What is a CMP bean?

Richard Monson-Haefel

CMP: Container-Managed Persistence

A CMP bean is an entity bean whose state is synchronized with the database automatically. In other words, the bean developer doesn't need to write any explicit database calls into the bean code; the container will automatically synchronize the persistent fields with the database as dictated by the deployer at deployment time.

When a CMP bean is deployed, the deployer uses the EJB tools provided by the vendor to map the persistent fields in the bean to the database. The persistence fields will be a subset of the instance fields, called container-managed fields, as identified by the bean developer in the deployment descriptor.

In the case of a relational database, for example, each persistent field will be associated with a column in a table. A bean may map all its fields to one table or, in the case of more sophisticated EJB servers, to several tables. CMP are not limited to relational database. CMP beans can be mapped to object databases, files, and other data stores including legacy systems.

With CMP, the bean developer doesn't need to write any database access logic into the bean, but bean is notified by the container when its state is synchronized with the database. The container notifies the bean using the ejbLoad( ) and ejbStore( ) methods.

The ejbLoad( ) method alerts the bean that its container-managed fields have just been populated with data from the database. This gives the bean an opportunity to do any post processing before the data can be used by the business methods. The ejbStore( ) method alerts the bean that its data is about to be written to the database. This give the bean an opportunity to do any pre-processing to the fields before they are written to the database. The below bean code demonstrates how these method might be employed on a Customer CMP entity bean.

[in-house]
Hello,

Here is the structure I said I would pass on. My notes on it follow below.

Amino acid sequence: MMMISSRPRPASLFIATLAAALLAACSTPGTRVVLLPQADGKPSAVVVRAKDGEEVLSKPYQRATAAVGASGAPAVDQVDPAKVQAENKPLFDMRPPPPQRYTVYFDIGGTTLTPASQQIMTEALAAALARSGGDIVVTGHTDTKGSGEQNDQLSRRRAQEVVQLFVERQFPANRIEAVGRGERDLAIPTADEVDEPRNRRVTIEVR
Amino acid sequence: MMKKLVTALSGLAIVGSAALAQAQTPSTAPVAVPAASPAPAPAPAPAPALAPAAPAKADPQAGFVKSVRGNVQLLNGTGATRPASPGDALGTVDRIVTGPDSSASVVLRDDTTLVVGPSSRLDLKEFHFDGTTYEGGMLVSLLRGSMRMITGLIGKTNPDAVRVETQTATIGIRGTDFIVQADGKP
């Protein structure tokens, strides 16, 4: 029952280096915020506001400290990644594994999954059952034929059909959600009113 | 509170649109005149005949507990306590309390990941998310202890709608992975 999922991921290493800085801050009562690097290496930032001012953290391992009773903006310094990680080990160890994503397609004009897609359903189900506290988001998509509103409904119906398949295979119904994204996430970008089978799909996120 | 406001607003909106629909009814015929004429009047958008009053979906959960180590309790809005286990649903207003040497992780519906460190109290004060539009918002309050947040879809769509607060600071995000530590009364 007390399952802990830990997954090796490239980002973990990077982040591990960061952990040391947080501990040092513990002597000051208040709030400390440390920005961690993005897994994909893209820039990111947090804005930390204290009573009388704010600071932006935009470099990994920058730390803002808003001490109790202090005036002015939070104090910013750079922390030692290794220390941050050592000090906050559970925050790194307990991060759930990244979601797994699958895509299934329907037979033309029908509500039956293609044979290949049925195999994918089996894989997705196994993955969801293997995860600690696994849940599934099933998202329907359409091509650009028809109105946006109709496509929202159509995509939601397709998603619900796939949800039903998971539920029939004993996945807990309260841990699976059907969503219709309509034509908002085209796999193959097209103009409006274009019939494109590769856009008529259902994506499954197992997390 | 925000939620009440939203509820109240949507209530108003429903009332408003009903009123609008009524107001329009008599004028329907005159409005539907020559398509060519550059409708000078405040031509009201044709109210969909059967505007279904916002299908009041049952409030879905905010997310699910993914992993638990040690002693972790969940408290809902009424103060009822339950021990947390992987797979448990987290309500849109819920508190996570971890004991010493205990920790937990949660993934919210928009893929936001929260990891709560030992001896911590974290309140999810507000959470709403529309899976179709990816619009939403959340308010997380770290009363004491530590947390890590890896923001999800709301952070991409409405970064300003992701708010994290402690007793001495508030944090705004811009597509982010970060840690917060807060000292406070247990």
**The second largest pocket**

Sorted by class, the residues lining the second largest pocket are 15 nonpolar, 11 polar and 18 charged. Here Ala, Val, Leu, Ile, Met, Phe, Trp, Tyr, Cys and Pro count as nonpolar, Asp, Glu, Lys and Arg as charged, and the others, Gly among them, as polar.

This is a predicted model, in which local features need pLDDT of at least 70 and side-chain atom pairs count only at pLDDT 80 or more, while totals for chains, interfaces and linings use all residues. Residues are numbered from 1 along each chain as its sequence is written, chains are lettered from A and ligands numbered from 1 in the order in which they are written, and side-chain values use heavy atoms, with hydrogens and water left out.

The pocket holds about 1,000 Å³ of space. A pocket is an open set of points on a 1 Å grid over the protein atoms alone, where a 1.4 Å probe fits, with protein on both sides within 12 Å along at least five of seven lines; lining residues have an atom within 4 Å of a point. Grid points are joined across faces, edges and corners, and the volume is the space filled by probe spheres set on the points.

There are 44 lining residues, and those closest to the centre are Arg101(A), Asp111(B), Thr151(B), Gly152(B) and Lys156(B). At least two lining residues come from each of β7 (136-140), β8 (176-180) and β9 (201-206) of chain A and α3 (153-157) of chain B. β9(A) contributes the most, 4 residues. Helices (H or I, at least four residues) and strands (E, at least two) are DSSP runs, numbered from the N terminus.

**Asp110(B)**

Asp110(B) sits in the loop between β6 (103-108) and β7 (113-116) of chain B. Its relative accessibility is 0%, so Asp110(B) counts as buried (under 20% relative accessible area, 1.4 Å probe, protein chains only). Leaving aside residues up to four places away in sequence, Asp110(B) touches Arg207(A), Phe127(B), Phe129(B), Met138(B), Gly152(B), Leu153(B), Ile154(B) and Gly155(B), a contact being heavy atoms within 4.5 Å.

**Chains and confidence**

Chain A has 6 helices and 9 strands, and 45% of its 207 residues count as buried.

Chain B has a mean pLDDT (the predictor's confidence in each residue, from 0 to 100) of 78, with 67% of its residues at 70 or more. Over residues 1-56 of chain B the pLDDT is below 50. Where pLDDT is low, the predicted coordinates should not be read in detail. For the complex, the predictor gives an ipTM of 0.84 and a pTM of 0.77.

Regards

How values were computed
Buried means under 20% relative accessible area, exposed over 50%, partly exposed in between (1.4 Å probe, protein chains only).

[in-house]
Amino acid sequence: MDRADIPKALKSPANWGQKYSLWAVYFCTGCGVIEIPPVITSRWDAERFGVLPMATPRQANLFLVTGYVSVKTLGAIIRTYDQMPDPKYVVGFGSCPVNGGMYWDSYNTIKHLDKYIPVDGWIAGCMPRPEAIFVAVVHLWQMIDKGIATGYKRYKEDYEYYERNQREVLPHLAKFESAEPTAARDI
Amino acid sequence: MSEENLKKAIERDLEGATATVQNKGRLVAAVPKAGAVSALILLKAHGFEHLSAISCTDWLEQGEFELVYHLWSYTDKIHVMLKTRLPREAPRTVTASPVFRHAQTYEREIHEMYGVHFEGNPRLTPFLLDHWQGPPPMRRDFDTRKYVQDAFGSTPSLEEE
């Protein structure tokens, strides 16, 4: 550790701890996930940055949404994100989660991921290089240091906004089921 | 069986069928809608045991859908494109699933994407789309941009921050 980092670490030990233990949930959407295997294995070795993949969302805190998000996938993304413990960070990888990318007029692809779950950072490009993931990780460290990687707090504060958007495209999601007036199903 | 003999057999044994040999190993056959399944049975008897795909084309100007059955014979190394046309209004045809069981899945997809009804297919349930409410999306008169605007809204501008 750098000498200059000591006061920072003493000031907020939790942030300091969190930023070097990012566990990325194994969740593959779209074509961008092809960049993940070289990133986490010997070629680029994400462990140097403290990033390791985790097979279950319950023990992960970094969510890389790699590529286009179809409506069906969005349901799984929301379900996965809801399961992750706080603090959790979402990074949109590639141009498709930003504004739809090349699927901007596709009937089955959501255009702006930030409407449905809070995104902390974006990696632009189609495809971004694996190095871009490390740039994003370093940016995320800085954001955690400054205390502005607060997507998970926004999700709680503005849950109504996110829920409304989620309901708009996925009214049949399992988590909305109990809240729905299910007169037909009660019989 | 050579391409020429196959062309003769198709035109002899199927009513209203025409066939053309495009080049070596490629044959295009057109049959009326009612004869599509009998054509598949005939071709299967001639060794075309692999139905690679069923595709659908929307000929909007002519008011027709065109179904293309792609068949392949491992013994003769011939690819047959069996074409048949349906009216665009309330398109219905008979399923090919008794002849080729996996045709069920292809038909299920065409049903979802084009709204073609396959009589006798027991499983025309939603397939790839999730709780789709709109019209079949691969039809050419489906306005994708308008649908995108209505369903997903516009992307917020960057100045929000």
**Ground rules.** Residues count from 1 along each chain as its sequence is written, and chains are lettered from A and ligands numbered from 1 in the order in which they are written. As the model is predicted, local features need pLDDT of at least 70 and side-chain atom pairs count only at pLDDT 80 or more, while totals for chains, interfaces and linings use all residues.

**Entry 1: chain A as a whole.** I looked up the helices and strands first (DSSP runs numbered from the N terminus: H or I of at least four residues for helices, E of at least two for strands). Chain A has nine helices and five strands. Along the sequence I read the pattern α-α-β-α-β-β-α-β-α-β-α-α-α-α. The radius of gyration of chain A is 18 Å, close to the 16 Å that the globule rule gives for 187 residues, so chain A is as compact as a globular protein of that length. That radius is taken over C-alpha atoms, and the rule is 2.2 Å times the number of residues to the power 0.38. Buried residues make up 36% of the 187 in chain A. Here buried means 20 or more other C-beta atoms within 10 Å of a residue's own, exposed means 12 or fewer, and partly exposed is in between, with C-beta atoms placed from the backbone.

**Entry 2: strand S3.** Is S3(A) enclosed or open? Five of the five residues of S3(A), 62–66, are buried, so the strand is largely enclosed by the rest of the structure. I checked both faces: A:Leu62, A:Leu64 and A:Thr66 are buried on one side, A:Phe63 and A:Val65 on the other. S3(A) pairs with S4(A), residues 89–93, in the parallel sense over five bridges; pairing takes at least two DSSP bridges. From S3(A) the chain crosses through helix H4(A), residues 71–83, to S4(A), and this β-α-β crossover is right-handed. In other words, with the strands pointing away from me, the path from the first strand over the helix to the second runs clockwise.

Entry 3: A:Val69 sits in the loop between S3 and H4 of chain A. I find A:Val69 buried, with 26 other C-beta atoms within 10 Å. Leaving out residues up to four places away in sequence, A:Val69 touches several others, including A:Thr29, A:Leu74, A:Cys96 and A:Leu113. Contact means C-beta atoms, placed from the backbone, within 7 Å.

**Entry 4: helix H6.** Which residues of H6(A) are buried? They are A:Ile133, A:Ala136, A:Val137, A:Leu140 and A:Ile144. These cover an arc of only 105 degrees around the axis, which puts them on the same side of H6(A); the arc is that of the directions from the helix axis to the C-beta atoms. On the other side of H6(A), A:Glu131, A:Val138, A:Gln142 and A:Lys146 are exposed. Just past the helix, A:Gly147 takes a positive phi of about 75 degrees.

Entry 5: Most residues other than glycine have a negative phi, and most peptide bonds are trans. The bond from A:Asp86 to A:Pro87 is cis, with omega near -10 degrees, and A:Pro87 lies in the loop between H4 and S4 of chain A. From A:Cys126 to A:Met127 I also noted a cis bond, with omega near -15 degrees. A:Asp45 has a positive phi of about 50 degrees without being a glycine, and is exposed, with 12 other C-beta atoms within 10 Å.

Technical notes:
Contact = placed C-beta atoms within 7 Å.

public class CustomerBean implements javax.ejb.EntityBean {
      
         // container-managed fields
         public long customerNumber;
         public String lastName;
         public String firstName;

         // not a container-managed field
         public PersonName name = null;

         // business methods
         public PersonName getName(  ){
                return name;
         }
         public void setName(PersonName name){
               name = name;
         }
         // called just after container-managed fields are updated from database
         public void ejbLoad( ){
              name = PersonName(firstName, lastName);
         }
         // called just before container-managed fields are written to database
         public void ejbStore( ){
               lastName  = name.getLastName( );
               firstName = name.getFirstName( );
        }
... 
}

In the case of the Customer bean the ejbLoad( ) and ejbStore( ) are used to wrapper the name fields (lastName and firstName) in a PersonName object which is more user friendly for the bean client. The ejbLoad( ) method wrappers the fields so that the getName( ) method access an up-to-date copy of the name data. The ejbStore( ) method unwraps the name data and places them back into the container-managed fields so that the database is updated with the most recent changes.

The ejbLoad( ) and ejbStore( ) methods are typically called just before a transaction begins and when a transaction is about to commit. This ensures that the container-managed fields are synchronized with the database when the bean is in use. Some EJB servers will optimize the container so that data is not written to the database unless its dirty; that container-managed fields have been changed.

CMP is the most difficult EJB feature for vendors to support. It requires very sophisticated tools for mapping bean fields to a data source and generating the underlying stubs and skeletons to support this mapping. CMP, however, provide a unique opporutnity for organizations developing distributed object systems. With CMP, a shrink-wrapped bean ( a bean developed by a third party) can be deployed and mapped into an organization's existing database. Obviously, this is an idyllic scenario, but not unreasonable. CMP entity beans exemplify the spirit of component technology; the reuse of components across projects, organizations, and industries.

Note: CMP beans use the ejbLoad( ) and ejbStore( ) callback methods differently than the Bean-Managed Persistence (BMP) beans. See Java:API:EJB:EntityBean:BMP for details on how BMP beans use these methods.
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